History of the Game
Chess was invented more than 1500 years ago in India, possibly as a way to teach the children of the royal family to better understand battlefield strategies and become higher level thinkers. The game we play today, however, is rooted in the middle ages, peopled by romantic figures like kings, queens and bishops. Since that time, chess has spread around the world, outliving nearly every other game and receiving countless endorsements and accolades from educators. A universal game with worldwide rule consistency, chess crosses all socio-economic, religious and language barriers to bond diverse people in a game of limitless skill and strategy.

Increases Concentration and Memory
In order to play chess well, you have to focus intensely on the objective of capturing your opponent’s king, visualizing the moves of various pieces, the board itself and any potential countermoves. Spatial reasoning, attention span and visual memory all play into this timeless game of strategy, and kids who play vastly improve in these areas by memorizing classic moves and successful maneuvers from previous games.

Boost to Reading and Math Skills
Kids who play chess tend to score higher on standardized reading and math tests. The game itself involves intense problem solving and memorization of complex moves, so it’s not surprising that the game boosts math skills. It also nurtures the same skill set as reading: decoding, comprehension, thinking and analysis.

Improves Critical Thinking and Creativity
The game of chess involves a lot of “if-then” thinking as players visualize possible moves and associated countermoves. Each player needs to figure out not only what moves they want to make, but what their opponents may do in response, utilizing lots of imagination and creativity. Originality grows as kids learn to visualize a long series of moves, imagining all possible counterattacks.

Social Benefits
One of the great benefits of chess is that it can bring together people of all ages, races and genders. From kindergartners to octogenarians, chess helps build friendships among people who may not have otherwise become acquainted.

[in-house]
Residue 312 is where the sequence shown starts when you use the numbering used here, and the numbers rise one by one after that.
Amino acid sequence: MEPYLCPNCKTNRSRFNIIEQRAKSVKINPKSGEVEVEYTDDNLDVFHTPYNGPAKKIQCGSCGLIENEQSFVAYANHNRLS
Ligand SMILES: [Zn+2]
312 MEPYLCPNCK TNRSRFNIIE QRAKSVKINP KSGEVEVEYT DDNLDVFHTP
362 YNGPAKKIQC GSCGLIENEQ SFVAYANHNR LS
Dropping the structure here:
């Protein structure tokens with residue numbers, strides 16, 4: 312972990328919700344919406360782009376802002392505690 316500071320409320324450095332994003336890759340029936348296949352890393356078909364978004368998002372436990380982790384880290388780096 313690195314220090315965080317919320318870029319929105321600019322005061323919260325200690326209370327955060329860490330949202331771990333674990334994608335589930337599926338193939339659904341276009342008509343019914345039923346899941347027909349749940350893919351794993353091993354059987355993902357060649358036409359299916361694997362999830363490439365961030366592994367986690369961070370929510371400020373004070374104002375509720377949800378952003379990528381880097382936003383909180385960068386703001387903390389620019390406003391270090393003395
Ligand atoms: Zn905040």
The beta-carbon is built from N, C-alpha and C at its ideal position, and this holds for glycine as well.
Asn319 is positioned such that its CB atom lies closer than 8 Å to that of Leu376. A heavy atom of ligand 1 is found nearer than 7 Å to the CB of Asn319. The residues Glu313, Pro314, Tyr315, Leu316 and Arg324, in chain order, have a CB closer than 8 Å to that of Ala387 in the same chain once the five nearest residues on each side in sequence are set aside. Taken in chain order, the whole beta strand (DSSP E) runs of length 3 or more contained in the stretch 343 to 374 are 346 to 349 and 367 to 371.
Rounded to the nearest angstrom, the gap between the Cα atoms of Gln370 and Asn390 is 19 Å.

Builds Patience and Self-Restraint
A game of chess is a lesson in caution, patience and eternal hope even in the face of overwhelming odds. Hasty moves or following your first impulse are poor strategies, and the cautious, thoughtful player has a better chance of success. Much like the game of life, chess teaches us that no matter how bad things seem, there’s hope right up to the end. As Yogi Berra said, “It ain’t over ‘til it’s over.” Maybe he enjoyed the occasional game of chess!

Encourages Hard Work
To win at chess, you have to think hard, work hard, focus, practice and plan strategies, all activities that reward hard work. The harder you work at the game, learning classic moves, memorizing maneuvers that worked in previous games, keeping watch over the whole chess board and planning ahead, the more likely you are to say “check mate”!

Let your kids enjoy the experience of summer day camp at Maplewood Summer Day Camp. Experienced staff will keep your child both safe and busy with arts and crafts, games, water sports, gymnastics and more. Visit the site at to see the fun your child will have at Maplewood Summer Day Camp.